With the regular rhythm of a ticking clock and the emotional ambiguity endemic to inward reflection, Sara Jackson-Holman walks listeners through her own memory in “For Albert,” and it’s a place full of twists, turns, and demons. Though Jackson Holman intended her second album, Cardiology, to be reflective of her own personal journey, “For Albert” strikes a chord that resonates deeply within everyone who’s experienced a loss.
Written in memory of her grandfather (whose middle name was Albert), the song is really an homage to an homage, using the opening motive from Beethoven's Für Elise as its backbone. It quickly strays, however, from the melancholy of the original with the addition of a simple yet driving backbeat, orchestral accents, and interwoven, carnivalesque melodies on piano and harpsichord. The resulting feeling is one of childlike fear and displacement: like wandering lost and parentless through a carnival after dark, like waking up in the middle of the night to the sound of your music box when you know no one could have turned it on. “From my highest high to my lowest low/ Oh the hardest part was always letting go,” Jackson Holman chants, holding “go” with a ghostly quiver in a move of clever text painting. It is perhaps here that the genius lies: By translating her grief into such an innocent sense of loss, she conveys beautifully the role her grandfather played to her as well as the difficulties of moving on.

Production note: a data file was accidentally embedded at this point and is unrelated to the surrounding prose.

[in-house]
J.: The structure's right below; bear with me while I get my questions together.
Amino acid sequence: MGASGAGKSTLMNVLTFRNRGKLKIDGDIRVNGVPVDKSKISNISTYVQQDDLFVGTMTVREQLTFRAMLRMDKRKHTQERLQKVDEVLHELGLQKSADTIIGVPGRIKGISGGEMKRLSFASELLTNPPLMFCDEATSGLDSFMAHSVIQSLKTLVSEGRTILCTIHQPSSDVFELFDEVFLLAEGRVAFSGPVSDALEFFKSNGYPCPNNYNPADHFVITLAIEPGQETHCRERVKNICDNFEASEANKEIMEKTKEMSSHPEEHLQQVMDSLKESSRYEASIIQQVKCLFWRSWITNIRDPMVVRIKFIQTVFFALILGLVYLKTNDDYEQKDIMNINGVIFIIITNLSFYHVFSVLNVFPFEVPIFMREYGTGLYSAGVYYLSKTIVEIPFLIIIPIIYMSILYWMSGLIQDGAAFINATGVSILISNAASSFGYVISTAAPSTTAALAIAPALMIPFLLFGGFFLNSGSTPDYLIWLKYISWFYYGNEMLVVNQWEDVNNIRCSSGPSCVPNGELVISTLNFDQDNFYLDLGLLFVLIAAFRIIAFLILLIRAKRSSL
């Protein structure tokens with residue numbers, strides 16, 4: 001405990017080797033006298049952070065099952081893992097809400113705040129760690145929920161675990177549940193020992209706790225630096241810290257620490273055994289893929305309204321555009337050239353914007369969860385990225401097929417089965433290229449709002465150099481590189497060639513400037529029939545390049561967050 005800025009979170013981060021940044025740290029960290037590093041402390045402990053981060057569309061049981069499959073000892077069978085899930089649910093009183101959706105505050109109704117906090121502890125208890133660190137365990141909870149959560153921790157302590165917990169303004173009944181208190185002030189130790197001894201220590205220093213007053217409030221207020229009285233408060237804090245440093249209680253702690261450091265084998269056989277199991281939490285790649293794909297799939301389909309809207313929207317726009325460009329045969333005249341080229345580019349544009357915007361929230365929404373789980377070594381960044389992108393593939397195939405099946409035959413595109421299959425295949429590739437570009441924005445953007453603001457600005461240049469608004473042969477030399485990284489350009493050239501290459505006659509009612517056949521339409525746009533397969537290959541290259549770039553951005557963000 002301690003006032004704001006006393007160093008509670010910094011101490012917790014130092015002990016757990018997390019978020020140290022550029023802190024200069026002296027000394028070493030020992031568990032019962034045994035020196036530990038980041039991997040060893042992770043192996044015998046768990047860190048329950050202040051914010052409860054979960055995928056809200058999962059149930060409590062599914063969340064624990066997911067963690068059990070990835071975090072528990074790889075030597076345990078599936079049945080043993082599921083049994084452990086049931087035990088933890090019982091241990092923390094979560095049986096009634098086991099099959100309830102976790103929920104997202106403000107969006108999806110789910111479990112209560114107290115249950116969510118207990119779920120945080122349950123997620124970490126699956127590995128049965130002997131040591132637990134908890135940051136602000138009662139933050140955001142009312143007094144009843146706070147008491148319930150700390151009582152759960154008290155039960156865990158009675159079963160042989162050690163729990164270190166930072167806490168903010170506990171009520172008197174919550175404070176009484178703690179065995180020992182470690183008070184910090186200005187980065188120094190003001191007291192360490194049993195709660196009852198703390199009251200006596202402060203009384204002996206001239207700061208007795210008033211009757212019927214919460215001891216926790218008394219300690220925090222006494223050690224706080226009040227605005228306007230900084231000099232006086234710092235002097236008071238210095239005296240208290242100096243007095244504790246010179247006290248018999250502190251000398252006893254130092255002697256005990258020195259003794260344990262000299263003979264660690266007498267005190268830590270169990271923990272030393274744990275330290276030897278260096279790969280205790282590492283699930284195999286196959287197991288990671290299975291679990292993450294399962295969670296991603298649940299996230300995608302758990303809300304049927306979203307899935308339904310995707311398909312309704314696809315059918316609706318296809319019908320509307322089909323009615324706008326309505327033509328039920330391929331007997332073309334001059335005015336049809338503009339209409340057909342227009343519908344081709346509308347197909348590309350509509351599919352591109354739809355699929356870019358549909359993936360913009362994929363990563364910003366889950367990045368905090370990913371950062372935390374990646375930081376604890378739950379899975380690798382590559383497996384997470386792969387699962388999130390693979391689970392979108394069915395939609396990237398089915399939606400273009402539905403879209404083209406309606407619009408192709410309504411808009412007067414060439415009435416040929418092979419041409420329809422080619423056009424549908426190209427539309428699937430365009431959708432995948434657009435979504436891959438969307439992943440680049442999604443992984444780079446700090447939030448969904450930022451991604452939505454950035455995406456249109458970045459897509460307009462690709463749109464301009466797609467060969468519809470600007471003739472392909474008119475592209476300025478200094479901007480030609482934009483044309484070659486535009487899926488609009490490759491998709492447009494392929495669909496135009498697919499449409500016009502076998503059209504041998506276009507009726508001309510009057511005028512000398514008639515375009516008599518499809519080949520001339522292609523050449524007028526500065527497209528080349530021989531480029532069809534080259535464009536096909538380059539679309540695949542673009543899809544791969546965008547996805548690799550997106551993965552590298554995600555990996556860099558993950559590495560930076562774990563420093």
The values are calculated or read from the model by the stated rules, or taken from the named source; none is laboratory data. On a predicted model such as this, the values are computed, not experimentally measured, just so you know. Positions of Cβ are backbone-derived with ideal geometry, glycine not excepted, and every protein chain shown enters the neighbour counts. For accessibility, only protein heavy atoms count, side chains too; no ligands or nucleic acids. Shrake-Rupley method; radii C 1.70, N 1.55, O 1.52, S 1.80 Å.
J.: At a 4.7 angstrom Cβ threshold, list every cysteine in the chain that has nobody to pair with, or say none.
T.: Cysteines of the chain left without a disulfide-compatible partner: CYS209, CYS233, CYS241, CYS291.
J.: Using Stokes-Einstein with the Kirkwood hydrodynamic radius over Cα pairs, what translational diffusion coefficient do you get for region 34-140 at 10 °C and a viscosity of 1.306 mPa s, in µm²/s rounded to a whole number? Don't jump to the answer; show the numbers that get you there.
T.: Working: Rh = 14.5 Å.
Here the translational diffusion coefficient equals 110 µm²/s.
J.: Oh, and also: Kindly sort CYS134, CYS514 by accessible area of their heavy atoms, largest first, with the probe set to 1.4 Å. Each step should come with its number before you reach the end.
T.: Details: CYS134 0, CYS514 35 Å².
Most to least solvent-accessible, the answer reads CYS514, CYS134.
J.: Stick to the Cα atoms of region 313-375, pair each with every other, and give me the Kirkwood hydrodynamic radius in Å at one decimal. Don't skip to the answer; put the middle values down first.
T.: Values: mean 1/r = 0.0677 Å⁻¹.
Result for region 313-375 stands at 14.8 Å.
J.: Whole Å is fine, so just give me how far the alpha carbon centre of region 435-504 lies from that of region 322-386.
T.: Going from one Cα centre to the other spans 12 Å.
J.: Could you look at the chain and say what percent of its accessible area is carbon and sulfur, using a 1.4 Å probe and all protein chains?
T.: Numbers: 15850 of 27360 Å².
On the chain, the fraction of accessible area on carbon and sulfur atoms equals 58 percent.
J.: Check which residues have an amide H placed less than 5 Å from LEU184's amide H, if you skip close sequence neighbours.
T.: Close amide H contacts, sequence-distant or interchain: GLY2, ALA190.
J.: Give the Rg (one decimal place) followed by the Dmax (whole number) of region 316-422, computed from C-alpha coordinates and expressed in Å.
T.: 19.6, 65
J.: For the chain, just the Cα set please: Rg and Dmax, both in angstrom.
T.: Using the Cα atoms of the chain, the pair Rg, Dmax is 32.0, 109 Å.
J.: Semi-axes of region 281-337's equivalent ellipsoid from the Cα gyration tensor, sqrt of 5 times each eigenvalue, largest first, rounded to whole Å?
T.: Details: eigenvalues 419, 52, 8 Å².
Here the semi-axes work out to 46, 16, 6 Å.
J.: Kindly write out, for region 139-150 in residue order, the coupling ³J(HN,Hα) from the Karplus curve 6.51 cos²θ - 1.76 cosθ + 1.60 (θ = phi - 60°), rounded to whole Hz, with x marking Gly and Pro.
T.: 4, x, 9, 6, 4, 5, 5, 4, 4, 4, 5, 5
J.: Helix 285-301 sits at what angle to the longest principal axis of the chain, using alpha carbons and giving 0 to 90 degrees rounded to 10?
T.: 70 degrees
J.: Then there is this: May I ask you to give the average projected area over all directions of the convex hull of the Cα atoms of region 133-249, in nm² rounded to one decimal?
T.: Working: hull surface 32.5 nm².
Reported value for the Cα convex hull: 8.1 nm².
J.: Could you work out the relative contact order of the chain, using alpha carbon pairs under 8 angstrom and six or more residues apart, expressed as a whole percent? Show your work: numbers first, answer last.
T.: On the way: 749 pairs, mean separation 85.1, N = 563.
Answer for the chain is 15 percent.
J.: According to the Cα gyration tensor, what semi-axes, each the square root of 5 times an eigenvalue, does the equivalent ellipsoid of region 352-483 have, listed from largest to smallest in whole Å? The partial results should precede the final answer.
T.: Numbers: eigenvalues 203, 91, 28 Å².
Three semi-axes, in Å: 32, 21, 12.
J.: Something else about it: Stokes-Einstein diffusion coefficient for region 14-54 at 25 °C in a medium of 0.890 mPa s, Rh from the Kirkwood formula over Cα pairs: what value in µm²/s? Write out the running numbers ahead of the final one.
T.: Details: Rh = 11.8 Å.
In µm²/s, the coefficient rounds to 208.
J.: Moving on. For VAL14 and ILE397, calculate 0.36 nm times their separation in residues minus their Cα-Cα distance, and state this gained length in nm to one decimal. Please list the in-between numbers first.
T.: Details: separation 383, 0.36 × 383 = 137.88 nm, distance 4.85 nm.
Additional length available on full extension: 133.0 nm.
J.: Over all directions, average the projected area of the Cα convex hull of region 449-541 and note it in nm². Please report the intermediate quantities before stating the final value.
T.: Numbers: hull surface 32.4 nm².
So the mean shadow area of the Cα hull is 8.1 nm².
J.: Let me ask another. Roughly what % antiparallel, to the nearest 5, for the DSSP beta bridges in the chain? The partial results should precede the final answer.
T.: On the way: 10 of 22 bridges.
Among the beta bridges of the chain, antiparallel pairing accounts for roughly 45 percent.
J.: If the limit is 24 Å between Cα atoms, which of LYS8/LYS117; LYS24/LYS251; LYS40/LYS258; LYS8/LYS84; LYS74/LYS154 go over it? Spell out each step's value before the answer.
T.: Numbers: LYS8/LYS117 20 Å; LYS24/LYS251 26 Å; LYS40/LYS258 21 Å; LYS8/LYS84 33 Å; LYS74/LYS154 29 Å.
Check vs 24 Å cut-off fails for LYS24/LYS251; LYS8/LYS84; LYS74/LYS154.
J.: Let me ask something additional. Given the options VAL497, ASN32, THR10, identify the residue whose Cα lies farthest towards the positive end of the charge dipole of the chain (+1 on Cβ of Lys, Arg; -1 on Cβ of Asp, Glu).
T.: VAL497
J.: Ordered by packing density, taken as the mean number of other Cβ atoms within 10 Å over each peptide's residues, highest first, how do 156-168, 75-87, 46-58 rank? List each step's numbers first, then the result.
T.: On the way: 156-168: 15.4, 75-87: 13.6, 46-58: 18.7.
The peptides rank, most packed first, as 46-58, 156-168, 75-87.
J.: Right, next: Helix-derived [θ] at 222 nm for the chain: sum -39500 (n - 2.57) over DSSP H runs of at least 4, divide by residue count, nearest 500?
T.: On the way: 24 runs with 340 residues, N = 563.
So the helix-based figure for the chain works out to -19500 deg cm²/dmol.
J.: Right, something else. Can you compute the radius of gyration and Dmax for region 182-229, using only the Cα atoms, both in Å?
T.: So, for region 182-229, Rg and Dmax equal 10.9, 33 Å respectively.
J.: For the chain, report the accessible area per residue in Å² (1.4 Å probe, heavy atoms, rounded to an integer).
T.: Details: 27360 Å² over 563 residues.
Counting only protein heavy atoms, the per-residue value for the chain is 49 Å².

SEE IT: Jackson Holman will be presenting the anatomy of her heart to celebrate the release of Cardiology at the Doug Fir Lounge tonight. 9 pm. $10.